Wednesday, February 01, 2006

Rain Drops - Traveling

Rain patters on the roof …. Melodic rhythms. On the shingles there is an even patter. Drops landing on the skylight have a splashing sound that echoes ever so slightly. On the gutters more percussion pinging like the xylophone.

I was reading that in moderate rain, such as today, the large drops are 2.6 millimeters in size, the smaller ones probably only 1.0 millimeter. Small raindrops are nearly spherical. Larger ones are flatter somewhat like hamburger buns; the very large ones are shaped like parachutes. Even in a heavy thunderstorm the large drops are only about 4 millimeters in diameter. Now in really serious storms the droplets are even larger but today this is simply moderate rain.

Falling from the clouds, the smaller drops travel slower --- about eight miles per hour--- while large ones may be dropping at a rate of seventeen to nineteen miles per hour.

These tiny drops leave the billowing clouds and splash onto the pines and hemlocks or on the barren branches of the oaks or maples. Some cling for a few moments before sliding down to the leaf-covered ground. Perhaps the first few soak into the ground but soon they are joined by thousands of other tiny raindrops. Collectively they gain momentum and begin their journey down our hillside, sometimes along the top of the leaf mat, at other times rolling under the leaves, even moving them out of the path. Soon these tiny raindrops begin to carve a trench in the leaf mat and then into the earth; a small freshet is born. Rolling over and around rocks they move on down the slope of the hill. The freshet becomes a small stream cutting deeper into the earth and gaining even more speed. It cuts a trench along our garden boxes. Following the contours of the land, it moves past the house and down the driveway. Now this newly formed mass of raindrops open large chuckholes in their wake. Moving, ever moving, they rush on down the hillside to join millions of other raindrops filling the Mongaup River, smoothing rough stones as they race together on their way.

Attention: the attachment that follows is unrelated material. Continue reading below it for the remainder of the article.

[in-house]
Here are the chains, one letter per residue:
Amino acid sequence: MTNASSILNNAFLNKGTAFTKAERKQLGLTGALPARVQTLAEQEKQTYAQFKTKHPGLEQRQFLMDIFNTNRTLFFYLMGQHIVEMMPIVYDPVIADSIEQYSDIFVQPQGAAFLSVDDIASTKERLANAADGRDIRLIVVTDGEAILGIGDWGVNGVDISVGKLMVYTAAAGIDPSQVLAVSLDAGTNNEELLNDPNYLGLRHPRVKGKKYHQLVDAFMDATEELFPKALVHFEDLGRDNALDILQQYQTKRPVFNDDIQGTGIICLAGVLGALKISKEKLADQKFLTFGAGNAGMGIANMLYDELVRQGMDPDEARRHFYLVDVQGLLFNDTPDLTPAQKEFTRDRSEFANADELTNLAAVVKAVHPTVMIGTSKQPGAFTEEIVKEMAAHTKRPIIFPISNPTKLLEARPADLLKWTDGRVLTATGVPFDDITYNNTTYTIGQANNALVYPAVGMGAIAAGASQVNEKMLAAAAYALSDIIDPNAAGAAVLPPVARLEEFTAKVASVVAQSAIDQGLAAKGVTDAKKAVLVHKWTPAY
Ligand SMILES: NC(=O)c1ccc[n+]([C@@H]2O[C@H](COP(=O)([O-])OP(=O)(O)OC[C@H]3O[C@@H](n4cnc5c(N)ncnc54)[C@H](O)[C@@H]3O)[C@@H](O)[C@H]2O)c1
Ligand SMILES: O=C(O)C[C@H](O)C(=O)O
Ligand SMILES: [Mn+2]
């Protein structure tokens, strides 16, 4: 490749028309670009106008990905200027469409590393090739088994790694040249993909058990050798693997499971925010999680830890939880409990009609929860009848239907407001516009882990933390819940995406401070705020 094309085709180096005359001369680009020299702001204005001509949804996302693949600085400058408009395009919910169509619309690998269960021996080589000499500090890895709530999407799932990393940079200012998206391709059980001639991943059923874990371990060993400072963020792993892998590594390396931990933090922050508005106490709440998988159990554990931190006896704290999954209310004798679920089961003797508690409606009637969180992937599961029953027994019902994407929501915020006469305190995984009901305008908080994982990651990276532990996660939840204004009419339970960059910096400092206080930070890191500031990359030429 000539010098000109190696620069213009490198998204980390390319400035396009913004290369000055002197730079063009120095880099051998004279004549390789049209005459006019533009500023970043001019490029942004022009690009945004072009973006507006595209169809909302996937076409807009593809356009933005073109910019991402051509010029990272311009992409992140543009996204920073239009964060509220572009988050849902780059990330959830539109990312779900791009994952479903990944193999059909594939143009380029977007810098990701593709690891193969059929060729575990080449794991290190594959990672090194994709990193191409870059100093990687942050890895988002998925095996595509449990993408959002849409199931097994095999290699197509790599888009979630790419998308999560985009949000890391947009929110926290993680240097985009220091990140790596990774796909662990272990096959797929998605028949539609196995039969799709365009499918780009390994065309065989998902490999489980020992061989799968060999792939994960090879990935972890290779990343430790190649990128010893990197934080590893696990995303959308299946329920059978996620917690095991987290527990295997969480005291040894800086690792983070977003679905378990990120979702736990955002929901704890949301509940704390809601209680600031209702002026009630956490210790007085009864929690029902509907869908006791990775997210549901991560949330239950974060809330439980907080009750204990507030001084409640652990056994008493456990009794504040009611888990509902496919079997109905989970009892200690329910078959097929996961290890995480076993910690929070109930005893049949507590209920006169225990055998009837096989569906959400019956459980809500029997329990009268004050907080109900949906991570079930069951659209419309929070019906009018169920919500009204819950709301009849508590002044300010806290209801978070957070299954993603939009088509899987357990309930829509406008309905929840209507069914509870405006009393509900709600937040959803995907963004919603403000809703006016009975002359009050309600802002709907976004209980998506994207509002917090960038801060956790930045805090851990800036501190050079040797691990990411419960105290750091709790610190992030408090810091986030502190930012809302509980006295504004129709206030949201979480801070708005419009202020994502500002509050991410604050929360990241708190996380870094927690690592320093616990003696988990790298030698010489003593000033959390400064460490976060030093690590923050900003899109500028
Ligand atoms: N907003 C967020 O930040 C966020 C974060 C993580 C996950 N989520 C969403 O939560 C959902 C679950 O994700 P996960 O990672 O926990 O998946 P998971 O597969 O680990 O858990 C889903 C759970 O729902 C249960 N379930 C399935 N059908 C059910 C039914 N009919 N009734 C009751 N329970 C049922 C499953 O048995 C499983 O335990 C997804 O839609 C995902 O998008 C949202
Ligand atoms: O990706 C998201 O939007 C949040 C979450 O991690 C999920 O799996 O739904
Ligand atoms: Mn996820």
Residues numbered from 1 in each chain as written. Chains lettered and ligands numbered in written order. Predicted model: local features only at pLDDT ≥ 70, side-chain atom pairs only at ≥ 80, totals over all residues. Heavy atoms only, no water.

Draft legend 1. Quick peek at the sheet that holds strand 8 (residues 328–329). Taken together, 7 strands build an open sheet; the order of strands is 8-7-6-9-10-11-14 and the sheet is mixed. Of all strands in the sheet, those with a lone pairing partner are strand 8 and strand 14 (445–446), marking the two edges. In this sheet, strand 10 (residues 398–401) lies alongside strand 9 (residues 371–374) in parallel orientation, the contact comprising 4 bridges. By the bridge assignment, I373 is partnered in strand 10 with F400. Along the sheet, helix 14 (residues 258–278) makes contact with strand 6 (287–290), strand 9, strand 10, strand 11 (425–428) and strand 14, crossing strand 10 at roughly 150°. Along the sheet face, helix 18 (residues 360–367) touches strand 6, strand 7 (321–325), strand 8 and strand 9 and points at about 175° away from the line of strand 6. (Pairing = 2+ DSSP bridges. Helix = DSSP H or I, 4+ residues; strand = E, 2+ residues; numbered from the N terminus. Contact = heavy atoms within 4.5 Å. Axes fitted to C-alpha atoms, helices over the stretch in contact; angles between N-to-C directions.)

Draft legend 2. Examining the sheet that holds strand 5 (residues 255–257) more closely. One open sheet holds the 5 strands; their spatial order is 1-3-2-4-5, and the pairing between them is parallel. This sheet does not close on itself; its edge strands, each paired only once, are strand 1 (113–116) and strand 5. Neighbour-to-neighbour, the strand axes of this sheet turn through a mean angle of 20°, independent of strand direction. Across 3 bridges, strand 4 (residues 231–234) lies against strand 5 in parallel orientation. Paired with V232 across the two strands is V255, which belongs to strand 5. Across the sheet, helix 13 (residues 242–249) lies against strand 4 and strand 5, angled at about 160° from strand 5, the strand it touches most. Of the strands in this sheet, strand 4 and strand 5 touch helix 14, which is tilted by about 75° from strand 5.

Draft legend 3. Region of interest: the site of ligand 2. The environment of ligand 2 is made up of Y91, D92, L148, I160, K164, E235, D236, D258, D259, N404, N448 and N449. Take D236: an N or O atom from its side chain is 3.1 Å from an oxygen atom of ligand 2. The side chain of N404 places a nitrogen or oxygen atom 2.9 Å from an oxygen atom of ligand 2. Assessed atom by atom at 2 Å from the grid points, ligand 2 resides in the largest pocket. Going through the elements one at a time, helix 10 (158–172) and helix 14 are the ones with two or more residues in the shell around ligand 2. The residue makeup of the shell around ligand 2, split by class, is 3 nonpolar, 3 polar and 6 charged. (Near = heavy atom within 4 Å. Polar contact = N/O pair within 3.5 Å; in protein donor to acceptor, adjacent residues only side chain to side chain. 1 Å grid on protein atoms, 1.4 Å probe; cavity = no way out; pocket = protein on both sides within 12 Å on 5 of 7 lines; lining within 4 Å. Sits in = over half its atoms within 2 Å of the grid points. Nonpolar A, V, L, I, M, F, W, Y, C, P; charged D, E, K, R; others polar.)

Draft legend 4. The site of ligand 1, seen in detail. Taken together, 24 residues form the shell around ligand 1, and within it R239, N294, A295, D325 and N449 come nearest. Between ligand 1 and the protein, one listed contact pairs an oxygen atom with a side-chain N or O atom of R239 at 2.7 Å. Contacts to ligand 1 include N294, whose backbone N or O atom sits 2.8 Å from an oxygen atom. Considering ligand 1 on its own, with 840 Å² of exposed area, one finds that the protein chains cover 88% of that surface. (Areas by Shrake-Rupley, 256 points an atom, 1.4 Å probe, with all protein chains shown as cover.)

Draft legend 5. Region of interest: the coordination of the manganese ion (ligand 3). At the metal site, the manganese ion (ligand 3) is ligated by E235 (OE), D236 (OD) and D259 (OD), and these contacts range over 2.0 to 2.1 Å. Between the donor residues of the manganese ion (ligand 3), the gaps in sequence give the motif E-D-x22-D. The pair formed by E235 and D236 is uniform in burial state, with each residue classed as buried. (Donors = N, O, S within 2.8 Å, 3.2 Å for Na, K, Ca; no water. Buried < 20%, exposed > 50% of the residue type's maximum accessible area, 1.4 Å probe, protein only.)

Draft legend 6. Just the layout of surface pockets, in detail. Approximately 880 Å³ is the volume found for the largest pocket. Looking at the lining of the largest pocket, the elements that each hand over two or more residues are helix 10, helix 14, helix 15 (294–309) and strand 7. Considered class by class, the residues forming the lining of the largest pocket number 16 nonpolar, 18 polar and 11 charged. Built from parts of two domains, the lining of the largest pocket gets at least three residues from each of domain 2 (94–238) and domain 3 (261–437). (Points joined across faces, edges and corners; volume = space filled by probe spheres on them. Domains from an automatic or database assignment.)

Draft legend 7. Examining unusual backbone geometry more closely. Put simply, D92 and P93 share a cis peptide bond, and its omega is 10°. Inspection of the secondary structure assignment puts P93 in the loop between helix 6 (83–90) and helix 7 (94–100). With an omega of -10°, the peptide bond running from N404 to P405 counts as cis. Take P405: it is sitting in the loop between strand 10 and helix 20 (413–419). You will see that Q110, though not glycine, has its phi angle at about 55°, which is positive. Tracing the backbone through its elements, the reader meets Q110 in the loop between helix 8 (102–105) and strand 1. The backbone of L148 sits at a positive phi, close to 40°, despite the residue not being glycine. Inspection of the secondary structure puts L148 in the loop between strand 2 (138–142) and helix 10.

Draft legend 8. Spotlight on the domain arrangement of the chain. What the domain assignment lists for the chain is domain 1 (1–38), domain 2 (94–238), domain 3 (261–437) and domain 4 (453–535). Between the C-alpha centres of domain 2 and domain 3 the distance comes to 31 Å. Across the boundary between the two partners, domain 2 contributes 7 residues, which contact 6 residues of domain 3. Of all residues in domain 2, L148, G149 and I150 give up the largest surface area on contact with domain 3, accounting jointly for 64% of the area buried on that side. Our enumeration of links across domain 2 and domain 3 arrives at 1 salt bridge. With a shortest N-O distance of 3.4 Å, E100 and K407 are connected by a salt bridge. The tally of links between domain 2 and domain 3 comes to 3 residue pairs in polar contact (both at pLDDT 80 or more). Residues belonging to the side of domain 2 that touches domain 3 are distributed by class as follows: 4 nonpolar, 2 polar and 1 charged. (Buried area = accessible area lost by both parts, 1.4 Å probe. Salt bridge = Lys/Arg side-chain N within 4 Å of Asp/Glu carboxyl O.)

From my perch up here on the hillside, I can hear the sounds of them gathering together in the river. Not a quiet peaceful sound but a roaring as they clash against the rocks. Like the clamor of thousands of voices, each speaking their own language, all that is heard is the roar of sound. Not far from here the Mongaup joins the Delaware River and these millions upon millions of tiny drops now gather leaves, twigs, branches and even logs moving them seaward. They rush and tumble, sending thousands of droplets spraying into the air, only to return to join in the race to the sea. The Delaware River becomes thirteen miles across at its widest point when it joins the ocean in Delaware Bay.

I think of those tiny drops joined together under the ferry as we crossed between New York City and Staten Island. Who can count them? Who can calculate their numbers? --- Certainly not I….


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